How To Care For Your Dog’s Paws

How To Care For Your Dog’s Paws

When our running shoes wear out, we can just get a new pair. Your dog’s tough paw pads are their only defence against rough terrain, and they can never be replaced. That’s why it’s so important to care for your dog’s paws – so they will always be ready for your next adventure.

Most dogs have four toes on each foot, and some are born with a dewclaw on each front leg. Some breeds, like the Great Pyrenees and Norwegian Lundehund, are bred to have extra toes to help them better excel at the jobs they were born to do.

Below your dog’s toe pads is a metacarpal pad on the front paws. The pad on the rear paws are known as metatarsal pads. These thick pads are naturally rugged to provide traction and to prevent injuries from walking over rough terrain. Even so, your dog can suffer from paw-related injuries if their nails are too long, if they walk over incredibly hot surfaces, and if they walk over toxic or dangerous substances.

Nail Trimming

Ideally, your dog’s nails should just be long enough to touch the ground. It’s normal for their nails to click when they walk across the floor, though this clicking sound will be less pronounced after a fresh trim. If your dog’s nails are too long, it can become painful for them to walk, and they may take on an altered posture, which can negatively affect their body over time.

Many dogs have chronically long nails because trimming them regularly becomes too stressful for both dog and owner. Ideally, you should clip nails yourself with a nail clipper or grinder, because having it done by your vet or groomer will be more stressful for your dog. It will take some practice, but you can learn to safely trim your dog’s nails with minimal stress.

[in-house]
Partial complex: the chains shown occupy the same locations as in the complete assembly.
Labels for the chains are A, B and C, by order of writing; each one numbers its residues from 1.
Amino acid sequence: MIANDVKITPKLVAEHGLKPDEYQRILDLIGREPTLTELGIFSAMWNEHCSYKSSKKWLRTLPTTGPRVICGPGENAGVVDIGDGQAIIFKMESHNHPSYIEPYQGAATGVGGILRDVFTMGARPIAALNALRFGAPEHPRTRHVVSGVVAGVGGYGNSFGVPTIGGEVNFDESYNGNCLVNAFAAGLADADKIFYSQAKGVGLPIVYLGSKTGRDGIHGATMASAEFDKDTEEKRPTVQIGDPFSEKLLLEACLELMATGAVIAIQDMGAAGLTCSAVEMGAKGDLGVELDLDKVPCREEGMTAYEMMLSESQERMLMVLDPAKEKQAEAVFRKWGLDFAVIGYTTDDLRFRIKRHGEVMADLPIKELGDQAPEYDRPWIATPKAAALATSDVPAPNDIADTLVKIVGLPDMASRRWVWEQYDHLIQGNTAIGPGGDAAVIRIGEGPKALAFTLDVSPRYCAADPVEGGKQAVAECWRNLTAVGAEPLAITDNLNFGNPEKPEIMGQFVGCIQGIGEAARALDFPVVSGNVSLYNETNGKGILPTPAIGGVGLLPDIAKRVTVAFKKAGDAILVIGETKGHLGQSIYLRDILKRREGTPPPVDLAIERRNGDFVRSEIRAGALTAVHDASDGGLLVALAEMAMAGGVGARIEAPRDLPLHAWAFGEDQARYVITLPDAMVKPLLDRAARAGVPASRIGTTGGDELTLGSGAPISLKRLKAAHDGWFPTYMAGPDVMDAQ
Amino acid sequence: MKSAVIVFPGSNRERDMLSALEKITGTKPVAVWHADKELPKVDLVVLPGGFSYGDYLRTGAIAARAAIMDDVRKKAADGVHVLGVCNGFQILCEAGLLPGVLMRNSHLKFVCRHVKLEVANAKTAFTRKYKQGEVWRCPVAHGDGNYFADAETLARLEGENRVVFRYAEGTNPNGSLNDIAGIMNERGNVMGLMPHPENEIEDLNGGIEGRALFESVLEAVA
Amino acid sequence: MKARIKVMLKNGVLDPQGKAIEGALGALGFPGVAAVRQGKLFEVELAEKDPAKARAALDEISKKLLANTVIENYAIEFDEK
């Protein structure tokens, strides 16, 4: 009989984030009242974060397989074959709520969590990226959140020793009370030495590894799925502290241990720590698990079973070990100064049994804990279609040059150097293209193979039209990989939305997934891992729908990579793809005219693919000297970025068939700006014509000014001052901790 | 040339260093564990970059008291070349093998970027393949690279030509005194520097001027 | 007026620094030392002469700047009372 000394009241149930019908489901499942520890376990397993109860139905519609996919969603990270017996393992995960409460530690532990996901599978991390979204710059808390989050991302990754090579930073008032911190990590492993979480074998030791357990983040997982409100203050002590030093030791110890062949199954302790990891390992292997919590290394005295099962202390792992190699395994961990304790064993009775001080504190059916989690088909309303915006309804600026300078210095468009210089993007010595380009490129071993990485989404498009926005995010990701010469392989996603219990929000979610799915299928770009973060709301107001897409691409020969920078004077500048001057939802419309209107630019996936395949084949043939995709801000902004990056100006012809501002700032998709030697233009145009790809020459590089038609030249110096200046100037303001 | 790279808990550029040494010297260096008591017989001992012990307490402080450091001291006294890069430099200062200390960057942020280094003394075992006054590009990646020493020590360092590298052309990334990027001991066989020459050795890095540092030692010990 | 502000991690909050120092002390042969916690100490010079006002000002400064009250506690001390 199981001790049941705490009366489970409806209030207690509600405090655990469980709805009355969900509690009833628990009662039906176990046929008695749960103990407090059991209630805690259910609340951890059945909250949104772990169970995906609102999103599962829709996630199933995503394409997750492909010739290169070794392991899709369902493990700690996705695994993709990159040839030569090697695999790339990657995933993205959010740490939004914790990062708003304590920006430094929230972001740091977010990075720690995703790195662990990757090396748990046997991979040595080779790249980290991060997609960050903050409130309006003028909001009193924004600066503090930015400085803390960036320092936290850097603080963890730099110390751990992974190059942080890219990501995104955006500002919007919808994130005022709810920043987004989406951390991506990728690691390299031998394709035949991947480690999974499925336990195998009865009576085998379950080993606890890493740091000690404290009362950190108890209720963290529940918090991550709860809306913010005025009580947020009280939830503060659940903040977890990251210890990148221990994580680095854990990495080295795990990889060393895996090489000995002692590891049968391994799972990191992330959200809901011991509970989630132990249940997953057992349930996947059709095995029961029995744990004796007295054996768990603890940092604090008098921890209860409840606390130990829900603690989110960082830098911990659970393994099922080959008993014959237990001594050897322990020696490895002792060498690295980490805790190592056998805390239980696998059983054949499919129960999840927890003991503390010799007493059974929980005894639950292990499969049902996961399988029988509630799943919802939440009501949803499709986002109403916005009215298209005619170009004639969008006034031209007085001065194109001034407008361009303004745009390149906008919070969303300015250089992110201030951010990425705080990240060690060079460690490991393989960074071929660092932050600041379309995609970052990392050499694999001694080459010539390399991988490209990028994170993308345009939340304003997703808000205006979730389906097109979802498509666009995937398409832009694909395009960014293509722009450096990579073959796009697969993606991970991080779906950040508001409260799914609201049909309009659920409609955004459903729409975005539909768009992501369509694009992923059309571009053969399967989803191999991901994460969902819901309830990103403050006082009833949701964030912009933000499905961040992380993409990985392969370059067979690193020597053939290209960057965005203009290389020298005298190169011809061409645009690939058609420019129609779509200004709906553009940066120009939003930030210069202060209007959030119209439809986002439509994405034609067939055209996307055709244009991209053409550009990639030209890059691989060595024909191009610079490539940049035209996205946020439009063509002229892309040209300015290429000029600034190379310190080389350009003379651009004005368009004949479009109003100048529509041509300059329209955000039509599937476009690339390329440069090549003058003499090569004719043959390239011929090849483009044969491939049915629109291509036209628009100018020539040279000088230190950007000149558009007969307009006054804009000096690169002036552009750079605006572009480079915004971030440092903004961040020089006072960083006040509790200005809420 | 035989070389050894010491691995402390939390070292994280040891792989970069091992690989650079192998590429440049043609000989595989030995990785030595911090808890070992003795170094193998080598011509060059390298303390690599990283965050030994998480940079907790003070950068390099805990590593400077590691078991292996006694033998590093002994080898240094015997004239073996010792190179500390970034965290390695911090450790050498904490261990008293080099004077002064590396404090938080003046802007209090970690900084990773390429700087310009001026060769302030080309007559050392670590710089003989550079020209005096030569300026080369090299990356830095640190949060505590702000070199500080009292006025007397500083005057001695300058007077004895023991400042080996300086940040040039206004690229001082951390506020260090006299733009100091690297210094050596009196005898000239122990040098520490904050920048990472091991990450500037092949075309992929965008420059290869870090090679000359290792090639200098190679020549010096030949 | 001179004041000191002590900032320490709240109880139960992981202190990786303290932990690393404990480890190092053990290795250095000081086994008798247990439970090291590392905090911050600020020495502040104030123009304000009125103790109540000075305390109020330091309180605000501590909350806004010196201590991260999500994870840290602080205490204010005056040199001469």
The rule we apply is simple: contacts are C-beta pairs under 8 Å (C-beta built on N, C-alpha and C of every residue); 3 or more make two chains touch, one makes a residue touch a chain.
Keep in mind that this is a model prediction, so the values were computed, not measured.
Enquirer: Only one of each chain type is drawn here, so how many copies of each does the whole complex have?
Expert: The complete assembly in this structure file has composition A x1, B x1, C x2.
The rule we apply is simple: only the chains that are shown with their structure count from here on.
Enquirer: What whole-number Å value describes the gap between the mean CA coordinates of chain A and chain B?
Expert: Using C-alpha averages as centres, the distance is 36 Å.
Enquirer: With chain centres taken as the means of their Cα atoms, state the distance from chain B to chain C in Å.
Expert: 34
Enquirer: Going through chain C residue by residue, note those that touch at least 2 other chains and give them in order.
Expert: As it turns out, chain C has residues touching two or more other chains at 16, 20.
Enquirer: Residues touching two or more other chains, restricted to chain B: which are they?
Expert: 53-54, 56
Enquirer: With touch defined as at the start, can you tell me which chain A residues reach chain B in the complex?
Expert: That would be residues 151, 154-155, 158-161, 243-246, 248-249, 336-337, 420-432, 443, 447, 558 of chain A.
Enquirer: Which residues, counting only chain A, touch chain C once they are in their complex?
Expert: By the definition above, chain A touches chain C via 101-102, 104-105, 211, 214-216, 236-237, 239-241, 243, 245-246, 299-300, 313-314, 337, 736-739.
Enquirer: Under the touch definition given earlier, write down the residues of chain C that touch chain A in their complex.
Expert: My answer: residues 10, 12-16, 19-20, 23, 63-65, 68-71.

Injuries From Hot Pavement

It does not have to be extremely hot out for your dog’s paws to burn on the pavement. Always check with the back of your hand.

One of the most common causes of paw injuries is hot pavement in the summer. At 25 degrees Celsius, the pavement can be as hot as 52 degrees, hot enough to cause severe burns to your dog’s paw pads. It’s best to avoid walking your dog between the hours of 10 AM and 4 PM. When it’s hot, stick to shady and grassy areas. Always check the temperature of the pavement by placing the back of your hand against it; if it feels hot to you, it’s going to be too hot for your dog.

If you must walk your dog on pavement in the heat, protect their paws with All Weather Boots.

Dry, Cracked Paws

It’s normal for your dog’s paws to feel dry to the touch. If they are too soft and conditioned, they will not be well suited to protect your dog from rough terrain. However, if your dog’s paws are too dry, they can become cracked and may even bleed.

If your dog’s paws are slightly cracked, but not bleeding, you can condition their paws with Medipet Paw & Ear Balm, which has antibacterial properties to prevent infection while the skin heals. You can cover your dog’s paws with a sock secured with medical tape to protect the skin. If your dog’s paw is bleeding or has lesions or loose skin, you should contact your veterinarian.

Winter Paw Care

Massage your dog’s paws periodically to get them used to handling, and to check for long nails and cracked pads.

Your dog’s paws are equipped with a close network of blood vessels that keep them from freezing. So, you do not have to put shoes on your dog just to protect them from the cold. They can usually handle short walks without freezing their toes. In extreme temperatures, and in areas covered with ice melter, you can protect your dog’s paws with booties.

There are pet-safe, non-toxic ice melter products, but you can’t be too sure if the ice melter used in public areas is safe for your dog. Some ice melter products can burn the skin on your dog’s paws, or can be toxic if ingested when your dog licks their paws.

Itchy Paws

When your dog’s paws are itchy between the toes, they’ll typically lick them, and you may see reddish brown discolouration on the fur between their toes. Itching can often be attributed to food or environmental allergies. If the cause of the allergy is obvious, symptoms should cease within a few days of you minimizing your dog’s exposure. When you are unsure of why your dog is itchy, you can see your veterinarian for a diagnosis.

How To Care For Your Dog's Paws

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